Your publication: Breaches the duty of confidence which you owed to me and the Commission as part of the Human Rights Commission’s dispute resolution process.

I do not agree with this opinion. The Human Rights Commission’s dispute resolution process began on the 23 November 2018 when a letter was sent to SNZ explaining the dispute and asking if SNZ wanted to enter into mediation. The dispute resolution process concluded three months later, on the 7 March 2019, when the Human Rights Commission wrote their closure letter that said

“I am unable to progress your complaint I have no other option than to close the Commission’s file. Swimming New Zealand declined the opportunity to participate in the Commissions’ Dispute Resolution Service.”

Through all this process, from 23 November to 7 March I maintained the confidentiality required by the Commission.

However, given that SNZ refused the Commission’s offer of mediation and therefore nothing I have said relates to “a statement, admission, or document created or made for the purposes of a dispute resolution meeting.” The section of the act that refers to confidentiality is called, “Confidentiality of information disclosed at dispute resolution meeting”. There was no meeting.

In addition the confidentiality section of the act specifically refers to “every person who attends a dispute resolution meeting”. SNZ refused that meeting which means of course I was never a person attending a disputes resolution meeting.

In other words the confidentiality claims made in the SNZ email are suspect. That view is compounded by what happened next.

In spite of SNZ’s refusal to take part in a HRC dispute resolution meeting a week later SNZ approaching Eyad proposing a clandestine, behind closed doors, offer of mediation. I had no option then but to approach the Human Rights Tribunal (effectively a human rights court) asking them to rule on the case. I did this on the 18 March 2019 in an email to the Tribunal’s lawyers, the Office of Human Rights Proceedings. A day later on 19 March 2019 their office replied and said;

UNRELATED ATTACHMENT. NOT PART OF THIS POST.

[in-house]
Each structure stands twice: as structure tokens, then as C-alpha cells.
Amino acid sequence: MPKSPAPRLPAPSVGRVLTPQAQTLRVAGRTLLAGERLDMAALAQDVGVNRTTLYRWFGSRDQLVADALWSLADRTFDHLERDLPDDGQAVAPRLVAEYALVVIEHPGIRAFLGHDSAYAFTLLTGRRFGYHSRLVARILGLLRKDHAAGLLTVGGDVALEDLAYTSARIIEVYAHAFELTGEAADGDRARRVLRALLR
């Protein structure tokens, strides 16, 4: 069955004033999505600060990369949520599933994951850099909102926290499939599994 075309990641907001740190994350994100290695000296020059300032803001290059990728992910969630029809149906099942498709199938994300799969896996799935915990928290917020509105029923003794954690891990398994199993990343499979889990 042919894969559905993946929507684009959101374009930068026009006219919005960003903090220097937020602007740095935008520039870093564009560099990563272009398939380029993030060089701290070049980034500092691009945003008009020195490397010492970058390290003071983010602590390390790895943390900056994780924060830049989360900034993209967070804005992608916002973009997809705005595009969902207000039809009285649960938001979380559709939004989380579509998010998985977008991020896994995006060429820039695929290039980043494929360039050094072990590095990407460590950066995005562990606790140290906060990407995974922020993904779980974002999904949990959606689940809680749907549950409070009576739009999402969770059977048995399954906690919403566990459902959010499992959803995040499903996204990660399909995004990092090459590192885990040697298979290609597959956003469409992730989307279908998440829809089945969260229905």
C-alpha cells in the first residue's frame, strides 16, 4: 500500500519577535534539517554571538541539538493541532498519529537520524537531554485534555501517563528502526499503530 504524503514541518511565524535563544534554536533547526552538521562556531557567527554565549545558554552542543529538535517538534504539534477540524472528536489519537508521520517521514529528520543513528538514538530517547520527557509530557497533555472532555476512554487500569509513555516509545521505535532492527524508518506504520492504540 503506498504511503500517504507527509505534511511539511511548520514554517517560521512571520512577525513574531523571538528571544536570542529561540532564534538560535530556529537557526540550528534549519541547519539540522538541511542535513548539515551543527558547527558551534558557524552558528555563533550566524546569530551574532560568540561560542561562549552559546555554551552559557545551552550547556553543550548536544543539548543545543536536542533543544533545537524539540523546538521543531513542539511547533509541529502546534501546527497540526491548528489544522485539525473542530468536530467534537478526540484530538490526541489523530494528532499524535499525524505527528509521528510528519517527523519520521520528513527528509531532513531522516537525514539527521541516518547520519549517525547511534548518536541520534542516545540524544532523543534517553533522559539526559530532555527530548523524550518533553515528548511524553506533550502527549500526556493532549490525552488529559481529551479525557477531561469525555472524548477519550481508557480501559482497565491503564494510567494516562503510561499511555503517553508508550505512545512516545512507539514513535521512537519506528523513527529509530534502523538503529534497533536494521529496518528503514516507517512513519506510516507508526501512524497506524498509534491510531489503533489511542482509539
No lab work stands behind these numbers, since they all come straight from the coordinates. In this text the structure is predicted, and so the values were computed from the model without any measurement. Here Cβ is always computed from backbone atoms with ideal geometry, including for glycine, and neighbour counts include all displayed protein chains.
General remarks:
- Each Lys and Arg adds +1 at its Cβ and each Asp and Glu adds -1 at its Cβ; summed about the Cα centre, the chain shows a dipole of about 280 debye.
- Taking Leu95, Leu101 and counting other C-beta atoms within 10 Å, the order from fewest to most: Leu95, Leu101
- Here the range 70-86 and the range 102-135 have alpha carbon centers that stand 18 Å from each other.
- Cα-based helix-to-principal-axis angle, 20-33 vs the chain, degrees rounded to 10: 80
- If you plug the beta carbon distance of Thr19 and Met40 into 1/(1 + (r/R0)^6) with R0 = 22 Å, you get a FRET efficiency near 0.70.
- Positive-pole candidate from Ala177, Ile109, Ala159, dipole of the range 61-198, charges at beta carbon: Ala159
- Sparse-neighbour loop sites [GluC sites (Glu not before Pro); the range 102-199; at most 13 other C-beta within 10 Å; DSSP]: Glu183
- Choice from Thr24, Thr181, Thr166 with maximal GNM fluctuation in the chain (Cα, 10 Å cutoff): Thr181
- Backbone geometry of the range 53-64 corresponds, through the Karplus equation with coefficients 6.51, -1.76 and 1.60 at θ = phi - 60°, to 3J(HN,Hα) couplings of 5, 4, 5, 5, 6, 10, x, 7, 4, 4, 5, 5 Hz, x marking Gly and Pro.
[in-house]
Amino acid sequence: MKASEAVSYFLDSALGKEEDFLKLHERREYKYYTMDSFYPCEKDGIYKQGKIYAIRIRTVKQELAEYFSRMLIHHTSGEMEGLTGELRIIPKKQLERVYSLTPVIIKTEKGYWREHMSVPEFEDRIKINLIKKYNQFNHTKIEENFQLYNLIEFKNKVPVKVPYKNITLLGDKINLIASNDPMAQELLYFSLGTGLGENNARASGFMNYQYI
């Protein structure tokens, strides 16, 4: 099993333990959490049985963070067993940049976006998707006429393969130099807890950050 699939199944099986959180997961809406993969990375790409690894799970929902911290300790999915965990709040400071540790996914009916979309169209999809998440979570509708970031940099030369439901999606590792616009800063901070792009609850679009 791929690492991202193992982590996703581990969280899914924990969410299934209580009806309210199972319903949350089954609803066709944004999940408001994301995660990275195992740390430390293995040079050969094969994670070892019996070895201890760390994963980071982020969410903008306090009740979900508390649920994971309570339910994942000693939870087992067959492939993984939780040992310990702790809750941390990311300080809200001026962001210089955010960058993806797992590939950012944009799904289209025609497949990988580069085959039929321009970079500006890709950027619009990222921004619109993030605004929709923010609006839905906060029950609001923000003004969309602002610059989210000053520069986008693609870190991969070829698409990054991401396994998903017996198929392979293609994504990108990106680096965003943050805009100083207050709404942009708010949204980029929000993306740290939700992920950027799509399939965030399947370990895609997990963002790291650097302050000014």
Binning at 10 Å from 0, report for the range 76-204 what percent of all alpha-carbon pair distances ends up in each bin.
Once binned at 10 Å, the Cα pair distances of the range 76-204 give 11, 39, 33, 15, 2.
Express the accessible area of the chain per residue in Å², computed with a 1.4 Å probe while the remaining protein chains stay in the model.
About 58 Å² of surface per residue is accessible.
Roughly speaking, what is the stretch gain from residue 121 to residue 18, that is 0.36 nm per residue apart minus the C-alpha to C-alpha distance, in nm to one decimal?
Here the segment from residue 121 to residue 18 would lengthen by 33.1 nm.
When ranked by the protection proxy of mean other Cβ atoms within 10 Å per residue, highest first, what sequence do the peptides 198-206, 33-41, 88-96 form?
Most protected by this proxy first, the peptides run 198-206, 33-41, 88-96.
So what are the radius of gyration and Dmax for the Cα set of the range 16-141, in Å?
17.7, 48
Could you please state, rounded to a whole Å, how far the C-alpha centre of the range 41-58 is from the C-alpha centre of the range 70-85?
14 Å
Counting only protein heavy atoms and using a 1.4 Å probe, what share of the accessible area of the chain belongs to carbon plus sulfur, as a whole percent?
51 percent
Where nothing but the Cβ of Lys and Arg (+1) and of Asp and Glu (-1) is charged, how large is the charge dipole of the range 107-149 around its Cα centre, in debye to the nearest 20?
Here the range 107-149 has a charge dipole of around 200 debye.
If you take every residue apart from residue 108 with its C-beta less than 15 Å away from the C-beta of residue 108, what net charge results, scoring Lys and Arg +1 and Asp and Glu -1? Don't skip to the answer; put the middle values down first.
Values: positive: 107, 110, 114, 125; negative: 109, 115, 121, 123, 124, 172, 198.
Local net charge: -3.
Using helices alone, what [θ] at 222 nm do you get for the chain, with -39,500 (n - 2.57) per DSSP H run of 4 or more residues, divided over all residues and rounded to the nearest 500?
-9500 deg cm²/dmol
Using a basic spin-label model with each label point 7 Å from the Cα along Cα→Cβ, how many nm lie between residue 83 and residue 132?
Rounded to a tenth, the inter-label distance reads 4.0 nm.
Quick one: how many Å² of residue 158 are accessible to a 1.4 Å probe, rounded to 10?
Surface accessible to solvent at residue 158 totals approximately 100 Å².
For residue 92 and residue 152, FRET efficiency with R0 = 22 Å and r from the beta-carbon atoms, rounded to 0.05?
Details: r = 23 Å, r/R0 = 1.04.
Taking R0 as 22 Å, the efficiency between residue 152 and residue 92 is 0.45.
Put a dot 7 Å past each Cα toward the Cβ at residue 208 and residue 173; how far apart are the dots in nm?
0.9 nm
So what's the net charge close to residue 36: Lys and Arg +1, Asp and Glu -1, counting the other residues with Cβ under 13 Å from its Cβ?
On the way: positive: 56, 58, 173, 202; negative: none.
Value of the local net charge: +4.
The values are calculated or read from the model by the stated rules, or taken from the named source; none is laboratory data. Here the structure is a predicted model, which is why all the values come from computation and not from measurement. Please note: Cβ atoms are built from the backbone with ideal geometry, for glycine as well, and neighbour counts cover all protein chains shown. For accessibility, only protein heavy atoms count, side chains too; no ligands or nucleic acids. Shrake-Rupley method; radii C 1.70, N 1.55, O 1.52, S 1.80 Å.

“Thank you for your completed application form. We have asked the Human Rights Commission for copies of documents from your complaint file.”

In respect to the accusation of breaching confidentiality those dates are important. Here they are again.

  1. Commission case opened 23 November 2018
  2. Commission case closed after SNZ refused to participate 7 March 2019
  3. Tribunal case application opened 18 March 2019.
  4. The comments SNZ is objecting to did not appear on Swimwatch until 11 days later, on the 29 March 2019.

This is important. Why? Because when I first raised the complaint with the Commission on the 23 November 2018 I was told this by the Commission.

“If Swimming NZ declined to participate, Eyad could take a case to the Human Rights Review Tribunal (HRRT).  The HRRT is like a Court, the outcome is on the public record.”

I took this to mean what it said – if Swimming NZ declined to participate, and they did, the mediation process stopped along with it any confidentiality restriction. If our decision was to proceed to the Human Rights Tribunal, and it was, the process at that point was “on the public record”. It should be noted that “the outcome” in all court cases includes two sections, the process and the decision.

The rules regarding confidentiality change significantly when a case reaches the Tribunal stage. The act says the Tribunal “shall be held in public” unless there is “an order prohibiting the publication of any report or account of the evidence or other proceedings in any proceedings before it”.  No order has been made.

Through the Tribunal process I am therefore free to discuss the circumstances of my complaint as I would be “like a Court”. Because my discussion began only after the option of Commission mediation had been refused by SNZ and after Tribunal negotiations had begun I do not agree that any confidentiality has been breached.